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Tommy_S
04-24-2006, 07:08 PM
I don't know if this was discussed here before....

I have a problem...

During the past few years, I've encountered several people in our beginners class that would always deliberately resist when somebody would try to show them the technique. I sometimes assist our instructor, and during the last class (beginners), I tried to help one guy that obviously had problems with one technique. When I tried to help him and show him the technique, the guy was very stiff and he was resisting to the technique so much that we ended up more like we were practicing judo or some sort of wrestling (or fighting on the street) instead of training Aikido. It was almost like he was trying to start a fight to see who is stronger when I tried to apply the technique on him.

Later when instructor showed him the same technique, he didn't resist (or at least I didn't notice it.)

What should I do if this happens again? What to say to a person like that?

PS. I apologize for my bad English... :sorry:

Michael O'Brien
04-24-2006, 07:59 PM
No need to apologize, I think your english is very clear and understandable.

You might try explaining to them that Aikido is not about resistance or meeting force with force but about blending with the attack. Perhaps have them watch while you go through the technique with their training partner, pointing out "See how when he attacks here we don't 'fight' here, but I receive the attack and redirect the energy into the technique we are practicing."

I don't know if that helps but maybe it will give you something to think about.

giriasis
04-24-2006, 11:04 PM
First of all you English is very good, and I understood what you were asking very clearly.

Every now and then we have new folks join our dojo who do the same thing. This happens for a few reasons. First, they are new to martial arts in general and think that his what they are supposed to do. Second, the are not new to martial arts and want to find out if "aikido really works." Third, they are new to aikido and are afraid to fall.

I have discovered that it is best to look at this situation as an opportunity rather than opposition. As an opportunity take the time as nage to explore their energy (or lack of it) and find a way to move around to perform the instructed technique. I've found even with the very strong men of the second variety mentioned above that they usually are happy to see that you made them fall. This requires a lot of patience and a some skill on the part of nage. It's really important to not allow this to turn into a "pissing contest." (American slang for one person trying to do better than the other.)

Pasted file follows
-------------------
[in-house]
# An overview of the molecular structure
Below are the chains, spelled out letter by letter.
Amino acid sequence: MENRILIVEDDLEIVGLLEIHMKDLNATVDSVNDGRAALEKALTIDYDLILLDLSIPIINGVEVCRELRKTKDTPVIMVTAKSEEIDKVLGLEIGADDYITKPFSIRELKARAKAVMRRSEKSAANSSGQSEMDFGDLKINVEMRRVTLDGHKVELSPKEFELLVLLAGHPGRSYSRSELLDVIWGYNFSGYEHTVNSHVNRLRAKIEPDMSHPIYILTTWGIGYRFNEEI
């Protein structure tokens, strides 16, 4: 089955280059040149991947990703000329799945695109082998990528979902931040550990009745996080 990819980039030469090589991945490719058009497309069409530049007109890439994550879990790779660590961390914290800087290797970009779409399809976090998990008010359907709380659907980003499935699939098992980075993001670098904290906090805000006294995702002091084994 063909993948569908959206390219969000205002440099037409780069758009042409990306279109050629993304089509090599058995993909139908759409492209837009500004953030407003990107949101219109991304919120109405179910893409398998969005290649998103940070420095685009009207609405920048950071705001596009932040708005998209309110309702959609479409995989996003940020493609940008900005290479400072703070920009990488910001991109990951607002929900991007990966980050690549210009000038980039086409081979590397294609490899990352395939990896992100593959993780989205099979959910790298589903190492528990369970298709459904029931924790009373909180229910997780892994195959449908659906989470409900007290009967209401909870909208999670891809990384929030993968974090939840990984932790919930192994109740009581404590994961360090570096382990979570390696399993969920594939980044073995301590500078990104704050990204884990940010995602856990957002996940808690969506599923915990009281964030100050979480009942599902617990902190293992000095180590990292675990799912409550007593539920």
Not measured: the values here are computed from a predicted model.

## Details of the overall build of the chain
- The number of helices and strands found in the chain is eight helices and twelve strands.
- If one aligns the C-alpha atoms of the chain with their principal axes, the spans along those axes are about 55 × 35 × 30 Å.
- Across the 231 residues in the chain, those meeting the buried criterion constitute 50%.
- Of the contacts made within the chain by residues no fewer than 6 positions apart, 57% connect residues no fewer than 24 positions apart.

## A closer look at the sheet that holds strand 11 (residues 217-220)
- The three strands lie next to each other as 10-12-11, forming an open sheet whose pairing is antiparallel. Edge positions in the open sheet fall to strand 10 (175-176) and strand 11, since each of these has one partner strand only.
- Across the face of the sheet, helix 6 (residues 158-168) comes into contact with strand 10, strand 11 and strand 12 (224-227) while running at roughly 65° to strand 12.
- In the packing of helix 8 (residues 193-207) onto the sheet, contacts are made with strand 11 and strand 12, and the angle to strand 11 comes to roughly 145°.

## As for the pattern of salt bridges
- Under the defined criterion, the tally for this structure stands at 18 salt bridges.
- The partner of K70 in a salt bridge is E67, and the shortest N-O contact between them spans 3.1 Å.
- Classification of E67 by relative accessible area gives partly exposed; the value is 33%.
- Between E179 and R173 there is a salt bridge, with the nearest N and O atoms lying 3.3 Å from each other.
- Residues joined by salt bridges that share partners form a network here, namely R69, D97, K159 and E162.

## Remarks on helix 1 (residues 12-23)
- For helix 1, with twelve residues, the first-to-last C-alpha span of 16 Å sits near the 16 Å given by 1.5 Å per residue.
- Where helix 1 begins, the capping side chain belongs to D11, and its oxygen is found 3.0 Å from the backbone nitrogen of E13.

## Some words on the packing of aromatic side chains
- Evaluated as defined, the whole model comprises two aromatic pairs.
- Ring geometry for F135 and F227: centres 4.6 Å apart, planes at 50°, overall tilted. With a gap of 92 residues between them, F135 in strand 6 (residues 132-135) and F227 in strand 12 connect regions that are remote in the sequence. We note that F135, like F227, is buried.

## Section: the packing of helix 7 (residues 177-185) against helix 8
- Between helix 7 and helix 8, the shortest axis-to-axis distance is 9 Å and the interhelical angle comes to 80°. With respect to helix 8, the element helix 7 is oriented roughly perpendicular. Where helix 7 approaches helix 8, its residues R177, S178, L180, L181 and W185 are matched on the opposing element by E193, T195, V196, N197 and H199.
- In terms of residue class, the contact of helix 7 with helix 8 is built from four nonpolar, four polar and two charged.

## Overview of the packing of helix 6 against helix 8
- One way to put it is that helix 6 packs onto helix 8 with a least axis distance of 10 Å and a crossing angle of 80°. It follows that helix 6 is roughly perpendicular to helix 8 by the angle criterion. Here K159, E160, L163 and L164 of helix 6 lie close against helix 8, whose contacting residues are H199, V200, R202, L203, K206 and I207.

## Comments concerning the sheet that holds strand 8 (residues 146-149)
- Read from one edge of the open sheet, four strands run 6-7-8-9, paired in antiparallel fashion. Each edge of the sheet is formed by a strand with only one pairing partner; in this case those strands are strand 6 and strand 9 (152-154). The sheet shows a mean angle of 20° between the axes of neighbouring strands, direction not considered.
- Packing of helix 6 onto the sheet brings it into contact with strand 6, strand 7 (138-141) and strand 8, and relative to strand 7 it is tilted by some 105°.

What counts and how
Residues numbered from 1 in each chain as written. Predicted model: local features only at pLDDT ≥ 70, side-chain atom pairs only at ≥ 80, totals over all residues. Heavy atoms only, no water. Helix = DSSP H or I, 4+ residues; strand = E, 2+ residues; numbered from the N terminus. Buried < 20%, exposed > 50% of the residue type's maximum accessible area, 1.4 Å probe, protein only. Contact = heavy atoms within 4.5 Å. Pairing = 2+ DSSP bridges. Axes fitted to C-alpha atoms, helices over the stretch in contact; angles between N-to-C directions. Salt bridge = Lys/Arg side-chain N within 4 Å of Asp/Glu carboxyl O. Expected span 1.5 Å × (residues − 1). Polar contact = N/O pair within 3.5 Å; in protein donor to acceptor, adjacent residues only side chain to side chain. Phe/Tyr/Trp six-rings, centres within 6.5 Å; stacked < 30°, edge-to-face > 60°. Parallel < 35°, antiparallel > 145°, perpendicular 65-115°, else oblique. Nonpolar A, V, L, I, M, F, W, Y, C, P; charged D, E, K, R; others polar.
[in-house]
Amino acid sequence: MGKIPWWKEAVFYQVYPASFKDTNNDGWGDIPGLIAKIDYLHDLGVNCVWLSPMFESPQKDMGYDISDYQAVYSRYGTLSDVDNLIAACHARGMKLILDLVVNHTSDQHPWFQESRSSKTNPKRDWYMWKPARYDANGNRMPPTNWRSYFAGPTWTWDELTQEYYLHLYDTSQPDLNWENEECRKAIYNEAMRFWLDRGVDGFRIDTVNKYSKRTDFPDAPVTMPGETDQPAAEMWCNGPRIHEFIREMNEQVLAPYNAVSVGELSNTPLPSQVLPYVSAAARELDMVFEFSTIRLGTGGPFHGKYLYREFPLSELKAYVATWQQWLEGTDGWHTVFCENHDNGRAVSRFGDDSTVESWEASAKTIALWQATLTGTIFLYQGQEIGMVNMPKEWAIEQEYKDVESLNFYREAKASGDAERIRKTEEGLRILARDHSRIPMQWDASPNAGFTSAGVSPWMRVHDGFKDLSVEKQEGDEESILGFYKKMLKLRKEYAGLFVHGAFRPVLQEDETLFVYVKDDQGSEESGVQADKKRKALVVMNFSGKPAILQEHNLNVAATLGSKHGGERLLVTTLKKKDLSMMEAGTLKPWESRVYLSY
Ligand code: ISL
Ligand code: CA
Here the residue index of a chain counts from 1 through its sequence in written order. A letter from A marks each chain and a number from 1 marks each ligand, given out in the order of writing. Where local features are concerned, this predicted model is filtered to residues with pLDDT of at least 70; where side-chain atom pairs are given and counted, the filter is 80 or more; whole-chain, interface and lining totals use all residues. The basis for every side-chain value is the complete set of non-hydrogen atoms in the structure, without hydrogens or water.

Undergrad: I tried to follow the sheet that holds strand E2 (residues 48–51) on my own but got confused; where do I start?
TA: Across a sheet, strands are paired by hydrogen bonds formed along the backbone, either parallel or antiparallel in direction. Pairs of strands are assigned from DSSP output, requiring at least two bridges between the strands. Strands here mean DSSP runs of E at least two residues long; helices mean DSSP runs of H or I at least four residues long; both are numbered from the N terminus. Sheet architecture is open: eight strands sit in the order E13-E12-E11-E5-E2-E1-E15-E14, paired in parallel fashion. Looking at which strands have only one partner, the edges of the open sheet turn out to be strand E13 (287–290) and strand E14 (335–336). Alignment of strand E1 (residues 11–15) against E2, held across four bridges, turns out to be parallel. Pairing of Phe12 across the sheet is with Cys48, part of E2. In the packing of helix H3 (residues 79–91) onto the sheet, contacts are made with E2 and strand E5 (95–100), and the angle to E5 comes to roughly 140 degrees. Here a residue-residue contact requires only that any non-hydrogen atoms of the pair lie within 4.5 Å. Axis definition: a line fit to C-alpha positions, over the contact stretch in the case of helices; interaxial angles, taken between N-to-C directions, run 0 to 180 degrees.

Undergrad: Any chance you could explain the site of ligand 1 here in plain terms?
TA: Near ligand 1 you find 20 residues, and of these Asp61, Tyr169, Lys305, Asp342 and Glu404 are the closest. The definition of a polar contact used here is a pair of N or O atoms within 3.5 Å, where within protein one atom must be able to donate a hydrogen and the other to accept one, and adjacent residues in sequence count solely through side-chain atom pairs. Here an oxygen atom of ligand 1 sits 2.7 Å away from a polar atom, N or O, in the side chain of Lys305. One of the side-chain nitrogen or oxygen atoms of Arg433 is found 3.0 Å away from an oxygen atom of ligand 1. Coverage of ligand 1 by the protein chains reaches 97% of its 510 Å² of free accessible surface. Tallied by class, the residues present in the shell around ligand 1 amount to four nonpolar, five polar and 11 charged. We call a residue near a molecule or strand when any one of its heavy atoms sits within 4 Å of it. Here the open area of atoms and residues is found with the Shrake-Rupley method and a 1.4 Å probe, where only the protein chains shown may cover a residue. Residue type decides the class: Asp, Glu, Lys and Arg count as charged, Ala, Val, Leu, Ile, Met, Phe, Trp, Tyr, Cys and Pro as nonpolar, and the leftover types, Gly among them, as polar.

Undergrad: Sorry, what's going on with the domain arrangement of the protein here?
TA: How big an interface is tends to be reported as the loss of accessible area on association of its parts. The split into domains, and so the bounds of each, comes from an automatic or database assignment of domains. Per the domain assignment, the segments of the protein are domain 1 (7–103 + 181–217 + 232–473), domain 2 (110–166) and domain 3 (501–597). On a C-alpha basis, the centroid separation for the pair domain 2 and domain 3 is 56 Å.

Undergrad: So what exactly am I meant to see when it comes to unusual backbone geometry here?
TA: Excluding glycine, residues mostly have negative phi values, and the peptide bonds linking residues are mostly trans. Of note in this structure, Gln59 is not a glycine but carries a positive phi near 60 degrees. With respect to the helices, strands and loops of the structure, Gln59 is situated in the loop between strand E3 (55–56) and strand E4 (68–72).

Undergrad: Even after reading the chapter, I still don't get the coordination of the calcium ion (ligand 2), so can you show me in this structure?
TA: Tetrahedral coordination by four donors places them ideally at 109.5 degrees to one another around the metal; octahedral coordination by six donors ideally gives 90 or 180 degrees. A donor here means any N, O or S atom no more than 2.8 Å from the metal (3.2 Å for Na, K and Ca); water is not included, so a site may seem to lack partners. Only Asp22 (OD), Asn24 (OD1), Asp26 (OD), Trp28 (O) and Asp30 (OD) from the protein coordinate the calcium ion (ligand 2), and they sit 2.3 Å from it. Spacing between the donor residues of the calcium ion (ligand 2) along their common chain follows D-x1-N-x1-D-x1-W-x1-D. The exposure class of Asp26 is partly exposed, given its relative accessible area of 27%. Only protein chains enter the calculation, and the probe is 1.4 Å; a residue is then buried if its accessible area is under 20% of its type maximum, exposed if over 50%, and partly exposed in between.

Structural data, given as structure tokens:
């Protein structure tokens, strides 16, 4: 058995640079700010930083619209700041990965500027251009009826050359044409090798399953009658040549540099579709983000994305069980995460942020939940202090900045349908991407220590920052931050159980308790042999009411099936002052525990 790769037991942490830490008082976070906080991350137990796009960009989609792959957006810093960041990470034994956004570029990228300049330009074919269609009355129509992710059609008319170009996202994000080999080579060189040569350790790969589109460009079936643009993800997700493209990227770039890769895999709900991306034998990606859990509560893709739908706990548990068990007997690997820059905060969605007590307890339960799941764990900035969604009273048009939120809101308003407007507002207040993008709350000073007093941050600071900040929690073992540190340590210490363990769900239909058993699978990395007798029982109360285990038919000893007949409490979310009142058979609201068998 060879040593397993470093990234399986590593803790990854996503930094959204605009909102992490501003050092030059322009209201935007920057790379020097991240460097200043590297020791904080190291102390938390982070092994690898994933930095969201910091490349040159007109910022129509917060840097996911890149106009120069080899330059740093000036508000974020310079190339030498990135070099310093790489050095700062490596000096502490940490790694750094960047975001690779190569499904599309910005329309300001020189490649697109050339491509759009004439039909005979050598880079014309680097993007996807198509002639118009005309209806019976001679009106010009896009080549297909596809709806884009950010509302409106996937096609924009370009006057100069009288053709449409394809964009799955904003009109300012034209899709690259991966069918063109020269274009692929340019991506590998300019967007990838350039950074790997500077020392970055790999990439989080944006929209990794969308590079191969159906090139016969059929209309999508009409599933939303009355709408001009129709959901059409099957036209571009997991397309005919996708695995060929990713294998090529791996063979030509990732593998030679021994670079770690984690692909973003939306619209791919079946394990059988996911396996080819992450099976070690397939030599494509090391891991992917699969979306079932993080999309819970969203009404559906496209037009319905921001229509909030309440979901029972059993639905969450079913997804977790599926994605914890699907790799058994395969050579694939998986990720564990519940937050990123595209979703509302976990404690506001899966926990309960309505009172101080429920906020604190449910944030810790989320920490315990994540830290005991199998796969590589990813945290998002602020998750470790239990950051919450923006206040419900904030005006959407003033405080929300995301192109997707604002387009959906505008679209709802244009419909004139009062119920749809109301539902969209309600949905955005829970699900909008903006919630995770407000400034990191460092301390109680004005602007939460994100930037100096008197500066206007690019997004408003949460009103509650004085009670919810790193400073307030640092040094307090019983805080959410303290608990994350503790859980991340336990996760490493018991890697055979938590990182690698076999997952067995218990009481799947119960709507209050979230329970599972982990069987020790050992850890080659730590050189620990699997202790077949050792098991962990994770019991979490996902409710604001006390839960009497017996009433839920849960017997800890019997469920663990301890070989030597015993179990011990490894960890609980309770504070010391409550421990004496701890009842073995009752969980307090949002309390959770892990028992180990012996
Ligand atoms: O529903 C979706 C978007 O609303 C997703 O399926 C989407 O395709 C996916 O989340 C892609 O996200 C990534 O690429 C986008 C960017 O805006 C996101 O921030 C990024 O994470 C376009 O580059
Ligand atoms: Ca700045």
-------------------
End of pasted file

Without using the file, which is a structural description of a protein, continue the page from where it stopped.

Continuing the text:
Also, a part of a way of dealing with this is explaining to them the martial reasons for taking ukemi in a certain way. It can be a simple as, "if you stay stiff like this you leave these openings: x, y and z." "As uke you're learning to protect yourself and center." or "As uke, we move in this manner so that eventually you can learn to counter my technique." I've found that these explanations work well when people appear to have a better understanding of martial arts (i.e. they come from karate, judo, etc.) But these, don't work as well, if you can not succeed at the first example.

Also, if they appear to not be resisting when the sensei comes over find a way to tell the sensei that your experience extreme resistence and don't be embarrased that you can't perform the proper technique. For example, "I do not know how to do this when they lock out their arm like this..." And then demonstrate what uke is doing. Usually, the sensei will show you how to work with their energy.

I hope that helps.

Dirk Hanss
04-25-2006, 03:41 AM
Later when instructor showed him the same technique, he didn't resist (or at least I didn't notice it.)
Seemingly you have a good sensei, who uses the resistence of uke to make the technique perfectly smooth.

At our dojo the elder beginners (4th and 3rd kyu - out of 6) are told, they should be able to make a technique to a new beginner, so that it works smooth and get uke fall, even if uke does not know, what to do at all. Honestly - we try our best and sometimes it works well. Mostly it is just awful.

Before you use any other advice, you should ask your sensei, what is allowed.

It just happened yesterday evening after some 6th kyu tests, that Sensei was busy with administrative works - singing certificates, etc. and asked me to lead the class. So my idea was just to play a little bit with techniques, that were not part of the tests and we did some variations on ushiro-waza ikkyo.

One of our fresh 6th kyu is working in the construction area and is quite strong. While I was trying to explain he took me with a very firm grip - so it was too late to do the technique in a way I wanted to show. Twice I hade to do a kotegaeshi and once I had to use another variation of ikkyo - which is the rule in our dojo: if you are not able to do a specific technique, you should be at least able to do any technique of your syllabus. I just said a few words during the short training and afterwords I tried again to explain him, that at least, if we are learning a new technique, he should just be there, but let nage move to study the details, without applying any force.